My coworker may have to shoot the good samaritan and live with that for the rest of his life, or the "good samaritan" shoots my coworker and has to live with that for the rest of his life, either in prison or not.
January 1st, 2009 06:50 PM
I don't want to lose my life savings because I decided to protect myself or my family. I just wrote the following letter to my state senator. If we want to, we can get laws enacted to protect us from civil litigation.
I just completed the CCW course (great class) and was appalled when I learned that even if I was justified in using my gun to protect my life or my family's life, that the bad guy or their family could (and probably will) sue me.
Some dirt bag breaks into my house in the middle of the night and I am in fear of my life and shoot to stop them and I just opened myself up to a huge civil lawsuit even if the police and county district attorney deemed it to be a justifiable shooting. This is wrong and we need a law enacted to protect us from civil liabilities. I believe that two other states have a law that protect their citizens from civil litigation in the event of a justified shooting.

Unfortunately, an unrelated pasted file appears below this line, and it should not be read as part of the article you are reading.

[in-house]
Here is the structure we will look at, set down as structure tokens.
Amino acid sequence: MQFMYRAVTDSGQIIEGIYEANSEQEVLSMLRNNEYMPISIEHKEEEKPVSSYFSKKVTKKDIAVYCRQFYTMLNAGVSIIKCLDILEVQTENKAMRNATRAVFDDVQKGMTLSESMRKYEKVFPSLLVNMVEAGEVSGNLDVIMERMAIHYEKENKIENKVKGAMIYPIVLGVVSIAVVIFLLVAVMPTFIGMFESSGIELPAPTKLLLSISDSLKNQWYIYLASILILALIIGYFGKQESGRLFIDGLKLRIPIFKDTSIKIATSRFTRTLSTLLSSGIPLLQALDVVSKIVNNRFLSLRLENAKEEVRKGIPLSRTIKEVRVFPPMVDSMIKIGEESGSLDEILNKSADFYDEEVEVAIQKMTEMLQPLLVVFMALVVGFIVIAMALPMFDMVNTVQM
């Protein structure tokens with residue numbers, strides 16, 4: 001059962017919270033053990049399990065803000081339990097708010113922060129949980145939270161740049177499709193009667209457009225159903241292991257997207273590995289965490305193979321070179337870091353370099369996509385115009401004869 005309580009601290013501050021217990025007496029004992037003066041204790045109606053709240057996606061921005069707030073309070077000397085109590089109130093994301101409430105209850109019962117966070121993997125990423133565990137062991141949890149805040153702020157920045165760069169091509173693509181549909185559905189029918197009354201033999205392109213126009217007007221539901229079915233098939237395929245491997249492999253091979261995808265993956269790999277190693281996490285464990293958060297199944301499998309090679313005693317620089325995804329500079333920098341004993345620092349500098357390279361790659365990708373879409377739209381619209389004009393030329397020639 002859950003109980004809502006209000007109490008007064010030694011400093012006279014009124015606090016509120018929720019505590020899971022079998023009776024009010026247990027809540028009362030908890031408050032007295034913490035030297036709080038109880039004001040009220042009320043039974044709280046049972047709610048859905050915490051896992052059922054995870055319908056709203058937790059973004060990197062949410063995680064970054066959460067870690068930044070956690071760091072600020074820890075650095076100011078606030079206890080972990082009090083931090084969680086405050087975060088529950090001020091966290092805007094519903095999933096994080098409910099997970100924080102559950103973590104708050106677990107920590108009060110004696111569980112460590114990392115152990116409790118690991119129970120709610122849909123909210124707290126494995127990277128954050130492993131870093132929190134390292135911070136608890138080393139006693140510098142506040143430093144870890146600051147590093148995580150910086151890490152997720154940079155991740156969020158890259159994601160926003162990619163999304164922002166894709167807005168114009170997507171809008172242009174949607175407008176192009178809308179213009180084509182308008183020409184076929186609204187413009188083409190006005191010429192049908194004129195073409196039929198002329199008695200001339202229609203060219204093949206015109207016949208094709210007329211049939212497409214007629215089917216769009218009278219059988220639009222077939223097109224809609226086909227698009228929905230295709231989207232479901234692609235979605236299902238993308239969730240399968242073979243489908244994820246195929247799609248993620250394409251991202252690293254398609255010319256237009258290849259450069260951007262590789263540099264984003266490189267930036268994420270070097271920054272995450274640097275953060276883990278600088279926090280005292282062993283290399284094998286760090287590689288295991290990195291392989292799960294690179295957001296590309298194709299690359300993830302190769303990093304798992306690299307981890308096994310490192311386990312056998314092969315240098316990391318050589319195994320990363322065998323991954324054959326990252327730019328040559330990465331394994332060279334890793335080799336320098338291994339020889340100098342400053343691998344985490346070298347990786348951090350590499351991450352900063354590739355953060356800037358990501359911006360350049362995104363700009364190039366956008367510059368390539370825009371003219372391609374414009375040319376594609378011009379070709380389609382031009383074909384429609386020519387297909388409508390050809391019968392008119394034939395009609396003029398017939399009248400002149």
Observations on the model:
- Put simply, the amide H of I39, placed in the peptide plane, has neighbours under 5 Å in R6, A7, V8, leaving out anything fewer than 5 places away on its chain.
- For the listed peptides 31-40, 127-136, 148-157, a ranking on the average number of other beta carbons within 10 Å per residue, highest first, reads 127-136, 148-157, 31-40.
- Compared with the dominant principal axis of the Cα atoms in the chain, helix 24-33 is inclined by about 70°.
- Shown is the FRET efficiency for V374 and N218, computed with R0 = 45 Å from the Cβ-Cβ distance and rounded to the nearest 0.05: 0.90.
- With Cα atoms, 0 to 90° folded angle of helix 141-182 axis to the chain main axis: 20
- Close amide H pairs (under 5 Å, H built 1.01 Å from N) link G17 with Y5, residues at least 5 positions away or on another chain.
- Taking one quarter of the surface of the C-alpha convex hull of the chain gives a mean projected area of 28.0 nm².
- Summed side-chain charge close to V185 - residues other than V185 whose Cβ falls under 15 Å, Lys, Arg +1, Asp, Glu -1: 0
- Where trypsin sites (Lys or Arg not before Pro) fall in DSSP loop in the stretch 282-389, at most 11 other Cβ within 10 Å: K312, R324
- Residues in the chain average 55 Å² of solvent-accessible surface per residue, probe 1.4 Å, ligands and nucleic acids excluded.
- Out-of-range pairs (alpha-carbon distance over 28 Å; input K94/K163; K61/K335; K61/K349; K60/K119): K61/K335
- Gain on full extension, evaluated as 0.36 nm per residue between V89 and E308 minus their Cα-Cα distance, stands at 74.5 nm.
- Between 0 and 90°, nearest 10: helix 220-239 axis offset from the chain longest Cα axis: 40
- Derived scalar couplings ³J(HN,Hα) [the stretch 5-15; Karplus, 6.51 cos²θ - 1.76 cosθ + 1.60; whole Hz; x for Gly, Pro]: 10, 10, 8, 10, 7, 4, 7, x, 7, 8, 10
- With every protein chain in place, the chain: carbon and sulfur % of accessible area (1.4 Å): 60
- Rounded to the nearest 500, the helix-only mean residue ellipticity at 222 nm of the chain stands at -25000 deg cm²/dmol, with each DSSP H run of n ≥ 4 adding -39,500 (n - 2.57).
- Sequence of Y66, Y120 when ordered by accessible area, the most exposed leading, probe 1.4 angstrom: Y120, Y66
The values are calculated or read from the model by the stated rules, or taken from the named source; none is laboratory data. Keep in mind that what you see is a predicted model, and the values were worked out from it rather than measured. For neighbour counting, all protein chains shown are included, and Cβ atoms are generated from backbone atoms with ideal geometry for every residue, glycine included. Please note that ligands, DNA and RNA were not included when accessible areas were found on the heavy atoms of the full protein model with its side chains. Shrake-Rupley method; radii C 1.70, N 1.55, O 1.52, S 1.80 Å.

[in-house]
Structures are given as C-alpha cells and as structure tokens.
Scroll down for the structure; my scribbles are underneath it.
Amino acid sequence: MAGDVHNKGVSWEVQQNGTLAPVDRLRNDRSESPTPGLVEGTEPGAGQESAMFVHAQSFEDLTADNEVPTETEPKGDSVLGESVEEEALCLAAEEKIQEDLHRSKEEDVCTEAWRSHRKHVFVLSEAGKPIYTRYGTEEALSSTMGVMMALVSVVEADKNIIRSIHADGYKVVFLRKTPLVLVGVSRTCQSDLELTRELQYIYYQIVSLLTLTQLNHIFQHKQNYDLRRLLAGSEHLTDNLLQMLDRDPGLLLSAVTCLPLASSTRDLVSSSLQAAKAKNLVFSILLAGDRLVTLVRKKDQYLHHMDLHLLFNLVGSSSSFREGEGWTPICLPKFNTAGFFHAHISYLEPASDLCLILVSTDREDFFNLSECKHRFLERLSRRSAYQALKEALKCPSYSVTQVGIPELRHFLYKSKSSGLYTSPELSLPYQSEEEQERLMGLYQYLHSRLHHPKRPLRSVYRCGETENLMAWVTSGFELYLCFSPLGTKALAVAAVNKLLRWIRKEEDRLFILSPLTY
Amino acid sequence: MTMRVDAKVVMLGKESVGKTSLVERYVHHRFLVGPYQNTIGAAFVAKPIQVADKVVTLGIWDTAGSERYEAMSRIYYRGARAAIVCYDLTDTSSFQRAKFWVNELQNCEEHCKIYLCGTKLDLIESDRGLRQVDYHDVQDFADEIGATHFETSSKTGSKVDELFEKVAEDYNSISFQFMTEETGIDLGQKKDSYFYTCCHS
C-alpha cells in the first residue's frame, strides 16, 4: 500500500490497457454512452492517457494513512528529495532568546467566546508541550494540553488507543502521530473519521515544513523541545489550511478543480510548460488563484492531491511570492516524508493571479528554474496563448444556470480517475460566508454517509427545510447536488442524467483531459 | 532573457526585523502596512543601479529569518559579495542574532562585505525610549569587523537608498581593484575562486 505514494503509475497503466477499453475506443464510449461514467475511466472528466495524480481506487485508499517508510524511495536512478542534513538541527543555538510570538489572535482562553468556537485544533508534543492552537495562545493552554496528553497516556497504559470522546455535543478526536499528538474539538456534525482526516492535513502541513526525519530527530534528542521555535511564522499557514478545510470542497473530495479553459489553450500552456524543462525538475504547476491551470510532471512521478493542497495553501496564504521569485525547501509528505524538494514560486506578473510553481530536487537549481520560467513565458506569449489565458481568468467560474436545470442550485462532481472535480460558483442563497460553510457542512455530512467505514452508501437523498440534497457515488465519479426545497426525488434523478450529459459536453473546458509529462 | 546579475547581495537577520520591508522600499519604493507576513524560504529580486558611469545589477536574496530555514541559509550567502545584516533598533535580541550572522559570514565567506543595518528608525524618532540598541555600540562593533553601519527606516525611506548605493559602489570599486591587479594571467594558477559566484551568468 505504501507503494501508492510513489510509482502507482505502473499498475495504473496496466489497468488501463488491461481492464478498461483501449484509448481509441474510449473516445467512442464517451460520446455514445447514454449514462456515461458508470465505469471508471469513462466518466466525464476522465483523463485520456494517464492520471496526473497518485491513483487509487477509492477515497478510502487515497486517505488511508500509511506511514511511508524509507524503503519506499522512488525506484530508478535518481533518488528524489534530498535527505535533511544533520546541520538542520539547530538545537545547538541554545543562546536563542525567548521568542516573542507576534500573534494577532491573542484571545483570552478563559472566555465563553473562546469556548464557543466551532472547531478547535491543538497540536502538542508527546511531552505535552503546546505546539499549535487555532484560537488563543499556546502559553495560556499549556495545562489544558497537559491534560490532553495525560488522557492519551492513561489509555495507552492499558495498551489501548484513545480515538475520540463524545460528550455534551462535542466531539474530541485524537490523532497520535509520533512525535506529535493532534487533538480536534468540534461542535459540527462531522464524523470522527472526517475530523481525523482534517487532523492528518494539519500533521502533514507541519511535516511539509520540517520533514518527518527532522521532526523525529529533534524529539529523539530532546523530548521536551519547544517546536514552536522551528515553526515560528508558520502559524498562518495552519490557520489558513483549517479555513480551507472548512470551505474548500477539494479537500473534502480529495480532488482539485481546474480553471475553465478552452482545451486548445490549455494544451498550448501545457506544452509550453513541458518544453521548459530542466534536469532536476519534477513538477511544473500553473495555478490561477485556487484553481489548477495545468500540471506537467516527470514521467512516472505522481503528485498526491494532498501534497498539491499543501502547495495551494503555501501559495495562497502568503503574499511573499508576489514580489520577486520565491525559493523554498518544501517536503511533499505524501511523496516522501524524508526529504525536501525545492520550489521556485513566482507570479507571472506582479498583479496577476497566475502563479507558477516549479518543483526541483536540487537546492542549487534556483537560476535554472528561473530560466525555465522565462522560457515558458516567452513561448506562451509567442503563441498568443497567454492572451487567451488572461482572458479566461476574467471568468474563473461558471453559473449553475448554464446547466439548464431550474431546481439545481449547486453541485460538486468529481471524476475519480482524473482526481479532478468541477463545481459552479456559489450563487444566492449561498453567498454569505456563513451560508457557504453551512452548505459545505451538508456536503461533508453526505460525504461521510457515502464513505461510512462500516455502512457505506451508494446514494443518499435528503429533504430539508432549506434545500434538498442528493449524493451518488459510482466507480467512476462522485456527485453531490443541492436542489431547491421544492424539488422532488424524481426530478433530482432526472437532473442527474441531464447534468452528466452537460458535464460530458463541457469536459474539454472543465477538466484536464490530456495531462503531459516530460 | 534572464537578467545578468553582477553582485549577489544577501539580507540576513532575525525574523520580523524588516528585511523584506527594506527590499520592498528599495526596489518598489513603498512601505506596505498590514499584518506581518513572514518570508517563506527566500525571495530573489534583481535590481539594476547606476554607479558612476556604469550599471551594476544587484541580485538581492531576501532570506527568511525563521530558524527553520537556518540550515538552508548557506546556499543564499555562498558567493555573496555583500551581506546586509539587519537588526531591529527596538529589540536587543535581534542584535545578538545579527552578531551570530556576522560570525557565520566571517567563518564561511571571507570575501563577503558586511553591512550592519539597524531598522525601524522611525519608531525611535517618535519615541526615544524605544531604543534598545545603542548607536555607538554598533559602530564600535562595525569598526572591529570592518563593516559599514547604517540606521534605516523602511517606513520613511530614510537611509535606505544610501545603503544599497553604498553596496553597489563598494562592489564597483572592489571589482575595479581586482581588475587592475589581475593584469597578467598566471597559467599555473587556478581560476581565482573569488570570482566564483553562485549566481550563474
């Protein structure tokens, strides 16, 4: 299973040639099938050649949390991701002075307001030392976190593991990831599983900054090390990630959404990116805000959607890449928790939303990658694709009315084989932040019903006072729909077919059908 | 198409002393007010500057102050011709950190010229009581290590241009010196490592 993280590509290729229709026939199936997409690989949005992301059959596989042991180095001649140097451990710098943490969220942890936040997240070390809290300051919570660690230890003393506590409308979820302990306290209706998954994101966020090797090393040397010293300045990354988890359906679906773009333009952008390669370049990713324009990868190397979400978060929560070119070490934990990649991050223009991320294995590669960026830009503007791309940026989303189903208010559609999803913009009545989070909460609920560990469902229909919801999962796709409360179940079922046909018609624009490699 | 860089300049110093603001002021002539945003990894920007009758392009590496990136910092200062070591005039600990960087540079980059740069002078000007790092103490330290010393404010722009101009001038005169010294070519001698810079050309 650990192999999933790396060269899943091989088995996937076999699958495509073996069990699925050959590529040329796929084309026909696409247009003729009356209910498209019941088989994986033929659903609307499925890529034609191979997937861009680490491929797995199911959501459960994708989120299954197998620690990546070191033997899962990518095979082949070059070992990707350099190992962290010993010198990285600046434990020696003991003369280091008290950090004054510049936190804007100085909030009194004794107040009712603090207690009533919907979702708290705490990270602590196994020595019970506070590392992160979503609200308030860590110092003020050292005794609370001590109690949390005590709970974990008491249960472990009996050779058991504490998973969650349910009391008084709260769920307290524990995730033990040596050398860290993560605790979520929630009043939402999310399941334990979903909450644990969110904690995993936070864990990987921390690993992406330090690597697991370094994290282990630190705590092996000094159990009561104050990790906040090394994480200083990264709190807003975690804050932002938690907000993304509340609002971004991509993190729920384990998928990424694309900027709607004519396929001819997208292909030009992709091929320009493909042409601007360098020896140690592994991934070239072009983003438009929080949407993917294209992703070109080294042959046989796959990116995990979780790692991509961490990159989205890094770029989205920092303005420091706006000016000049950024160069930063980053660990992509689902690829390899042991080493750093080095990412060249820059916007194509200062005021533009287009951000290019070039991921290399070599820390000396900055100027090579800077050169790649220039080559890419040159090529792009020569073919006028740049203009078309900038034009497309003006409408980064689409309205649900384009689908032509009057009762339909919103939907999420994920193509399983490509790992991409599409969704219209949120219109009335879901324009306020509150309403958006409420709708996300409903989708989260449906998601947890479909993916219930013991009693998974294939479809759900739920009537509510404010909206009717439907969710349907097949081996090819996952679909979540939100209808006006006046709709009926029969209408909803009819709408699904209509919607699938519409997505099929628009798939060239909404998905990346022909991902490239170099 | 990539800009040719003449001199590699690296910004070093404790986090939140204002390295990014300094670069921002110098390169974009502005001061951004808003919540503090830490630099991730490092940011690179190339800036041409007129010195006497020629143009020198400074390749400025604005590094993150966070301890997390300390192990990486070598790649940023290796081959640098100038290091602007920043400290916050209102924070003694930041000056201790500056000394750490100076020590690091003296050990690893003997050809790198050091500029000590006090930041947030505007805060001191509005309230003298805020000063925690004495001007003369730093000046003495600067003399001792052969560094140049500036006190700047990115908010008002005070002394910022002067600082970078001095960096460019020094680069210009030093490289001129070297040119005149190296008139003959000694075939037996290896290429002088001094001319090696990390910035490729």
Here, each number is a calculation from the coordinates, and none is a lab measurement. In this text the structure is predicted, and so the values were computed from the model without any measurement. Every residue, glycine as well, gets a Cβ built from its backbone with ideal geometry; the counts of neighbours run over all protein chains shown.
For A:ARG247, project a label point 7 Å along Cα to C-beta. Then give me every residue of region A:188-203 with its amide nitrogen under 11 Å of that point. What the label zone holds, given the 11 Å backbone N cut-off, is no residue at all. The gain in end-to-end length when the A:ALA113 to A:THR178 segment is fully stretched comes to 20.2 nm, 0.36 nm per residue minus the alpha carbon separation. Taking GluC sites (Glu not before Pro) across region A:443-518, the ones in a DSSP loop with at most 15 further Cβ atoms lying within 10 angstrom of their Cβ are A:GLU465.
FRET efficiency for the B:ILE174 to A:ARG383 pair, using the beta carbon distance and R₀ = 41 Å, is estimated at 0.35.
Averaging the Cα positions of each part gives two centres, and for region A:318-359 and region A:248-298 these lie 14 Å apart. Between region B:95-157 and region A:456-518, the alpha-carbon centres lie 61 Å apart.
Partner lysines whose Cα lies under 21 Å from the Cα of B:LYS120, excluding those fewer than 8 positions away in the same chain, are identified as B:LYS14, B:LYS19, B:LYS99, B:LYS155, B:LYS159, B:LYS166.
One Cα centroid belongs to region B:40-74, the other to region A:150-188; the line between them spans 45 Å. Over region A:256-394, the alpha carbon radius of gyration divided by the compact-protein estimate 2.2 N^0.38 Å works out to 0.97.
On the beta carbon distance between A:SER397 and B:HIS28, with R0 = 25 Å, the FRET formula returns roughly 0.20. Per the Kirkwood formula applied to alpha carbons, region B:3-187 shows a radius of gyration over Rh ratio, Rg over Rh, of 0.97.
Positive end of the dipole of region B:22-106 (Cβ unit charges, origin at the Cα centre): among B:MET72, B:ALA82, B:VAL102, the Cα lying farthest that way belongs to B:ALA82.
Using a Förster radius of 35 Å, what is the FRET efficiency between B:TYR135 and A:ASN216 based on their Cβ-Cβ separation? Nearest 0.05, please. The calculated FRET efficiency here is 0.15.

Is the Arizona Senate or House of Representatives proposing legislation to address this? Are there any State Senators or State Representatives that are pro-gun rights that I can write to that might be will to help good law abiding citizen who defend themselves? We need laws to protect us. Even if we have to get a proposition on the ballot, we as gun owners need to get this done. I am willing to bet that even most anti-gun people still believe in the right to defend ones life and would not want a home invasion victim to be sued by their attackers, because they were just trying to protect their life.
Please let me know if there is anything that you can do and how I can help.
January 1st, 2009 06:50 PM
I believe he was indicating that this particular subject has been brought up, discussed, debated, hashed over, and flared some tempers in just about every way imaginable.